While individuals who refuse to wear a face covering must indicate why they are exempt from the regulations, they do not need to provide proof of exemption. If individuals who are not exempt from face covering requirements refuse to wear a face covering, the business/establishment can prohibit the individual from entering the establishment in order to protect themselves from enforcement.
What is HPEPH doing to support individuals who are unable to wear a face covering?
HPEPH recognizes that certain individuals may be unable to wear a face covering. While individuals must indicate why they are exempt from these requirements, there is no need for establishments to request proof of exemption from these individuals. HPEPH continues to ask for the cooperation of establishments and community members to carry out these requirements with respect and kindness.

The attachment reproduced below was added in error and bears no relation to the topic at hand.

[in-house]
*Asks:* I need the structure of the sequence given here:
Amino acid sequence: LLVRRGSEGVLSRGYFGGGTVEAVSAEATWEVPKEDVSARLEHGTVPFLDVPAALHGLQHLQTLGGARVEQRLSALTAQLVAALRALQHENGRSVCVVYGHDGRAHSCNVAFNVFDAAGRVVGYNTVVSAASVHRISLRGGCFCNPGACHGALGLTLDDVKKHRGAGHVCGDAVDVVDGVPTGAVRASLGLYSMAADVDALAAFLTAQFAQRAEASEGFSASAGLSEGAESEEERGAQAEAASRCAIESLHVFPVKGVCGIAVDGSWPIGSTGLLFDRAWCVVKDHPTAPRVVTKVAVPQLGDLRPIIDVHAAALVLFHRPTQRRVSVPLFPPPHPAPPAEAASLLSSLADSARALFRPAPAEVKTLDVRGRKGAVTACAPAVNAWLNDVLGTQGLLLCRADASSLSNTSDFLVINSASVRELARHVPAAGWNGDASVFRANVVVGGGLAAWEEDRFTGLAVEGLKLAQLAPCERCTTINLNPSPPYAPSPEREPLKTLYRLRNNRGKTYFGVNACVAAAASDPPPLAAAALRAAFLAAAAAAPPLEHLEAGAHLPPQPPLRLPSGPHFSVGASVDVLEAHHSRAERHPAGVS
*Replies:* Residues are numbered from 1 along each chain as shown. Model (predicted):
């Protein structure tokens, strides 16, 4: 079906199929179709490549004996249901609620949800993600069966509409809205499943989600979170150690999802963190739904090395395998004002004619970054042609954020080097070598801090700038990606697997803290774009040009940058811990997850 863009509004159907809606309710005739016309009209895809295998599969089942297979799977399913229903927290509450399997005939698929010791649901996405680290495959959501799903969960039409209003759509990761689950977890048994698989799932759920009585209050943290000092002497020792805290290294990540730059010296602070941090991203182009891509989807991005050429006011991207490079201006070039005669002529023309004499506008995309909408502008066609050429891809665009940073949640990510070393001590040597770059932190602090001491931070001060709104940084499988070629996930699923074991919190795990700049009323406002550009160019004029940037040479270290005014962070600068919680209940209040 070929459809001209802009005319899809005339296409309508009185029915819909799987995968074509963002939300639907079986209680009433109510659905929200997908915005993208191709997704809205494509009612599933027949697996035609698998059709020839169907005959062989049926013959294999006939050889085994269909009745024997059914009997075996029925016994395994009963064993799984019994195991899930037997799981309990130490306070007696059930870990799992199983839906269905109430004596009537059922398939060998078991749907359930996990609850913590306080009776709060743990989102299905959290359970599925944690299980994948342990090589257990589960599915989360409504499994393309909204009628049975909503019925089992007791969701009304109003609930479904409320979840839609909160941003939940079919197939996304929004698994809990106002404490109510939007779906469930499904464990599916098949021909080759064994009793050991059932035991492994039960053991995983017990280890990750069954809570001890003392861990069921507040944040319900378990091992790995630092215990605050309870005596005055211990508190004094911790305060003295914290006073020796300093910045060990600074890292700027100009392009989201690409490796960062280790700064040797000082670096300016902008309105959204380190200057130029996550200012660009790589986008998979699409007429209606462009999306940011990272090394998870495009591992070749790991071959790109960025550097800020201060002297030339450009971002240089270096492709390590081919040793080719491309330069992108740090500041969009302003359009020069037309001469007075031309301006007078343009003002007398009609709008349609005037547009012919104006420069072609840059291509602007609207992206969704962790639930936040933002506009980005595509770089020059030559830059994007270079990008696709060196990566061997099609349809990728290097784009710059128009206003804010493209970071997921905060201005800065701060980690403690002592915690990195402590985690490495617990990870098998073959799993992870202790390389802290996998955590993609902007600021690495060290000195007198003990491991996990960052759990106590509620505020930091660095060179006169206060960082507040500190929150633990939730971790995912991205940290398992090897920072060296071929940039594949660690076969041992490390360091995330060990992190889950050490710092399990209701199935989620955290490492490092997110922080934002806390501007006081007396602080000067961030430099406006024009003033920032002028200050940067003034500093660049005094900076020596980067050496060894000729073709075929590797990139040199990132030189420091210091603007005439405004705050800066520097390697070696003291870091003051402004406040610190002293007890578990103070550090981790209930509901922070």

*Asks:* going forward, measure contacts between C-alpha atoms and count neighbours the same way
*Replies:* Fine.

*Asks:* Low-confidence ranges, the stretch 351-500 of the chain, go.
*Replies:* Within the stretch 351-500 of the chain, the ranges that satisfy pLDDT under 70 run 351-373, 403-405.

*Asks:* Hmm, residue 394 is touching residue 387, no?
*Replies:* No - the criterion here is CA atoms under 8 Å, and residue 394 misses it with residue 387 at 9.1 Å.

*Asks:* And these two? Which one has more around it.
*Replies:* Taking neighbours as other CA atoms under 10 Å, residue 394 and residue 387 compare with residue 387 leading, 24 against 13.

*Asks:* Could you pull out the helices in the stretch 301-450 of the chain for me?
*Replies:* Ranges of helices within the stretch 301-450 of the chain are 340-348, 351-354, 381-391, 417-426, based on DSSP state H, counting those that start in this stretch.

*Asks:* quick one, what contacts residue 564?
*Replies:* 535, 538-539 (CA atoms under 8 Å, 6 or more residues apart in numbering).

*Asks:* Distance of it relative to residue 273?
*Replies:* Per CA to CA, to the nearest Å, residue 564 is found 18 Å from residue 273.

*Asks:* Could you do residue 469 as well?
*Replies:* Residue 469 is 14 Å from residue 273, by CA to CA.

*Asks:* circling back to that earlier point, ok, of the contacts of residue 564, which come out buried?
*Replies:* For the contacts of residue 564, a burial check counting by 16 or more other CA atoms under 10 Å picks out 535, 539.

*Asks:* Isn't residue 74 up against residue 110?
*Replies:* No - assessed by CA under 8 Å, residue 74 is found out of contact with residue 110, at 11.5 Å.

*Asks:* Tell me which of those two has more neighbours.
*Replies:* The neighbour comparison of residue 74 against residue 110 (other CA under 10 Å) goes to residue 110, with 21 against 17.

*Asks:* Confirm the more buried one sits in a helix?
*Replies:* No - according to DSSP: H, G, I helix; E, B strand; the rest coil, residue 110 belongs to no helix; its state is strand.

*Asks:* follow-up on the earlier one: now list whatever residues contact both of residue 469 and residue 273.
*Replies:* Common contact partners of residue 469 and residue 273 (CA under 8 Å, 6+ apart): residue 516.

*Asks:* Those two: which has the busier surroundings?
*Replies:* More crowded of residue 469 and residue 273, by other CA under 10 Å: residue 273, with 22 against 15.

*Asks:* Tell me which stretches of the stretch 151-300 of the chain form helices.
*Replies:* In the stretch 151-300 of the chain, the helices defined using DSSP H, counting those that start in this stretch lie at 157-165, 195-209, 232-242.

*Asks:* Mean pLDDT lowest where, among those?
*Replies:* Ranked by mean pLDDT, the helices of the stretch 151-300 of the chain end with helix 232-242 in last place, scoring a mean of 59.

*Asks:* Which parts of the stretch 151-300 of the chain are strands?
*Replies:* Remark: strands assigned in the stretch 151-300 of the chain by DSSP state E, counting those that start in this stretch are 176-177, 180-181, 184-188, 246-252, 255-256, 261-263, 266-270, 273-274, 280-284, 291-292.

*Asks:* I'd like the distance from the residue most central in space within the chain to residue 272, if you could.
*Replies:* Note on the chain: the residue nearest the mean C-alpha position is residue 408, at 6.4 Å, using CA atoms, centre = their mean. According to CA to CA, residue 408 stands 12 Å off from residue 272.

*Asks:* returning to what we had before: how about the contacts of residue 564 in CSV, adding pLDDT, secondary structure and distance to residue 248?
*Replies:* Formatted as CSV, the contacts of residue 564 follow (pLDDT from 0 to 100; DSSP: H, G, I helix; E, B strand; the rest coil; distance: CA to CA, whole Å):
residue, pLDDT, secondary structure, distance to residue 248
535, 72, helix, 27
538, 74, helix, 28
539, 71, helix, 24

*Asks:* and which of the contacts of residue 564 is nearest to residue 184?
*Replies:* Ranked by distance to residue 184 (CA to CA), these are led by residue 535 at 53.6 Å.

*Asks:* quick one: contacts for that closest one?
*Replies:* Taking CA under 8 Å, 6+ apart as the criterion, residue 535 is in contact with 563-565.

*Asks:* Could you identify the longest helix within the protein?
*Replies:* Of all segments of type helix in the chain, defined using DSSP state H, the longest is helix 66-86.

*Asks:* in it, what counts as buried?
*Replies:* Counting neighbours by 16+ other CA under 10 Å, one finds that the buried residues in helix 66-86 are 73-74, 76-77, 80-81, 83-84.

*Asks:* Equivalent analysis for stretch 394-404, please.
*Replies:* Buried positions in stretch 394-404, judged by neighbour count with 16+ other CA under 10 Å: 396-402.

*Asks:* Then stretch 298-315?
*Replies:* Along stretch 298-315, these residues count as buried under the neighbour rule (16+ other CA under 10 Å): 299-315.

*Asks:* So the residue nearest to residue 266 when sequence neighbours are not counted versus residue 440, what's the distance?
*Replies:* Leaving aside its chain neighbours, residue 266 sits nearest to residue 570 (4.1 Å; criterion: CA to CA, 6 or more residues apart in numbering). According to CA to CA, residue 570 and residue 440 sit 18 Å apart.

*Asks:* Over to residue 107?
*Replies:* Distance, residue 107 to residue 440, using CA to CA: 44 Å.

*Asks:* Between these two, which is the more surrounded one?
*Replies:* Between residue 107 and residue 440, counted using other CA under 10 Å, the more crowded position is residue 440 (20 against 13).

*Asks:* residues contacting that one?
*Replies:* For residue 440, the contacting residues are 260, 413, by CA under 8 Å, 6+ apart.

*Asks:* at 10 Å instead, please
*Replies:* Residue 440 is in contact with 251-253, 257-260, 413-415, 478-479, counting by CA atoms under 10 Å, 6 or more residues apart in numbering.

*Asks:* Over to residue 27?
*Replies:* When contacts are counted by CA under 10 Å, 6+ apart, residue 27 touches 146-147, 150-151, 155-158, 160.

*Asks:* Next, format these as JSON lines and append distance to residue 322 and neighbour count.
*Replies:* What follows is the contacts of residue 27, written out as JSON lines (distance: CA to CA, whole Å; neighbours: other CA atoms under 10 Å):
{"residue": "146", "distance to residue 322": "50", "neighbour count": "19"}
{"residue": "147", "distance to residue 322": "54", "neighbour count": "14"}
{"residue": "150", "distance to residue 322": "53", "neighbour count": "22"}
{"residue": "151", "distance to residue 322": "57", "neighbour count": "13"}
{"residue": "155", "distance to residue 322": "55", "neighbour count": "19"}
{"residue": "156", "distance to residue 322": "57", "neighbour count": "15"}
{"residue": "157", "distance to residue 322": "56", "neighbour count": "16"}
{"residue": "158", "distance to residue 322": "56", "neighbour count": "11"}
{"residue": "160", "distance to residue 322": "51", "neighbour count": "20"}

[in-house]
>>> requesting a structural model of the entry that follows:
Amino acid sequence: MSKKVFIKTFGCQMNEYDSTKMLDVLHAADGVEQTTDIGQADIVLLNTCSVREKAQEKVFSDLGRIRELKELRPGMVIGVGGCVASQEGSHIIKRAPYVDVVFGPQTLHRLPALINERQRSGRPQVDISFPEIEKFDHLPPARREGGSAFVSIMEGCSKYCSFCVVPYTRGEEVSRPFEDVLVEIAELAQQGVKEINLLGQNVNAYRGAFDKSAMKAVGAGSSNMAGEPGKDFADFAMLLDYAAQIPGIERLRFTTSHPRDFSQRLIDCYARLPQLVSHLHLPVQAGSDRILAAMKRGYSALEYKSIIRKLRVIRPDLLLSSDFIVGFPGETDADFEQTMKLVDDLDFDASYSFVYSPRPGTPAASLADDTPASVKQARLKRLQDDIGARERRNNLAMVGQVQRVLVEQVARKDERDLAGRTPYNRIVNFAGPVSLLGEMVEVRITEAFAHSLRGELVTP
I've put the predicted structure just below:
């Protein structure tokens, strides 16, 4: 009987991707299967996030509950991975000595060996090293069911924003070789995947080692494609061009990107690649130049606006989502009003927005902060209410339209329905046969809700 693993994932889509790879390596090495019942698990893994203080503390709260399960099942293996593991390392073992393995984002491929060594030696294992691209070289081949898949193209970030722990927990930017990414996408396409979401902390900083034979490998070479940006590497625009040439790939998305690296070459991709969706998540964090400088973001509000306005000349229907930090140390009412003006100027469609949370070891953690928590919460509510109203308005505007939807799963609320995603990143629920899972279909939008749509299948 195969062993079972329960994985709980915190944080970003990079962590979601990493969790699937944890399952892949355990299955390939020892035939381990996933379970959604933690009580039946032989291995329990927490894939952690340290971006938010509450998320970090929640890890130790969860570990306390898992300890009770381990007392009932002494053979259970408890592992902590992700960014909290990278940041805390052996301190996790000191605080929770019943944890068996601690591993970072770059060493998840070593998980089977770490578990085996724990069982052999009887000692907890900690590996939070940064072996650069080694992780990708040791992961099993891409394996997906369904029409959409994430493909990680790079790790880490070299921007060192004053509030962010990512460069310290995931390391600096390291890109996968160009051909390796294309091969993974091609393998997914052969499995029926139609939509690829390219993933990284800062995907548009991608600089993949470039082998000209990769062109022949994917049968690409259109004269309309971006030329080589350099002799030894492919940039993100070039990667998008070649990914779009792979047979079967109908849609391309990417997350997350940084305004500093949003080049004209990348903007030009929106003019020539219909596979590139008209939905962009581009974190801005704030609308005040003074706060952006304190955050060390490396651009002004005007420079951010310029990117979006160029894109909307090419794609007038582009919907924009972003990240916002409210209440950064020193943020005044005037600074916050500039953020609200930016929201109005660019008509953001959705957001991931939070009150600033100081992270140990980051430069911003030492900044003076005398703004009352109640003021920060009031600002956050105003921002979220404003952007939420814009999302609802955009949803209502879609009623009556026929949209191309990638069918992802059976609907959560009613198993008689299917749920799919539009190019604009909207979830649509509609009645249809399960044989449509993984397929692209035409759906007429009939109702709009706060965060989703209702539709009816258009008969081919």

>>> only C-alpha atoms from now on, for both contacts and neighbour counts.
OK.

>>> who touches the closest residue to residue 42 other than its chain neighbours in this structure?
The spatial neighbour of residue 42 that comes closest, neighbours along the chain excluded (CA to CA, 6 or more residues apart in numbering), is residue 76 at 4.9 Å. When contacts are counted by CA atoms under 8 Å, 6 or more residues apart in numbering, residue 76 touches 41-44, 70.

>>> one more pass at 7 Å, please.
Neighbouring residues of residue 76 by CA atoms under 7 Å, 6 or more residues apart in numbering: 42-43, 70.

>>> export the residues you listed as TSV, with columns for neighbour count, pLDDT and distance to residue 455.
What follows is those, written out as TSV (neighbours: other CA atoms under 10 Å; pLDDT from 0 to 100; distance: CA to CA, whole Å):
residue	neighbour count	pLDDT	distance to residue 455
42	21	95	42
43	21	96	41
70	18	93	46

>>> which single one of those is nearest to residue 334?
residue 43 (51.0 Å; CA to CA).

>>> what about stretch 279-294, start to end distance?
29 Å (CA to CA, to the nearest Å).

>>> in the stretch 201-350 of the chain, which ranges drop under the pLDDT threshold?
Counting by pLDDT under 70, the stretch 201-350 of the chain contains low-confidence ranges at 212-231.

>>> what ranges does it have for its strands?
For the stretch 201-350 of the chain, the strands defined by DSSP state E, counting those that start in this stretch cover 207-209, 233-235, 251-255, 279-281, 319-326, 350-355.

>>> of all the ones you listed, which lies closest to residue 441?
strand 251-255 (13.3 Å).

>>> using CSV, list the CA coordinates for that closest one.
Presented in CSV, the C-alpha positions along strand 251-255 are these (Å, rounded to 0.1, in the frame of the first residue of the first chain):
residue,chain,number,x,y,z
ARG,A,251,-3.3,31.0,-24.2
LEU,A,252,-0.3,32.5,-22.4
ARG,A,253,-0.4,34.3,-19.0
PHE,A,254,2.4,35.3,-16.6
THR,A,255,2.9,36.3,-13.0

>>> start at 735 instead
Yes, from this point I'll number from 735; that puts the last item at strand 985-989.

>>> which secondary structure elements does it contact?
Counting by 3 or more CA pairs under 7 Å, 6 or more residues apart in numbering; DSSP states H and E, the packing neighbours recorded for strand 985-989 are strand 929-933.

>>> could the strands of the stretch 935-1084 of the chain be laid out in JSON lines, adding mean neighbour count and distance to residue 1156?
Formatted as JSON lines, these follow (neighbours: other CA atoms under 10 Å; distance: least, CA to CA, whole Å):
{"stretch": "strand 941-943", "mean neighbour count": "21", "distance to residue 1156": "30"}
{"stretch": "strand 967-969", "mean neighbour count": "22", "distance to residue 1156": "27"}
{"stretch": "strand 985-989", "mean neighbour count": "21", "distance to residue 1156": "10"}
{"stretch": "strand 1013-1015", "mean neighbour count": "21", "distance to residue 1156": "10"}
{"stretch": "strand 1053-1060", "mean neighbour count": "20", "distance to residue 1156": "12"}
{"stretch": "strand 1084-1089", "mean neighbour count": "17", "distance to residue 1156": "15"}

Are face coverings mandatory in condominiums or apartment buildings?
Condominiums and/or apartment buildings are considered to be businesses/organizations and, as such, mandatory face covering requirements apply to common areas in these settings.
What is the evidence available that supports wearing of face coverings?
Public Health Ontario has compiled a summary of evidence available on masks: COVID-19 – What we know so far about… wearing masks in public.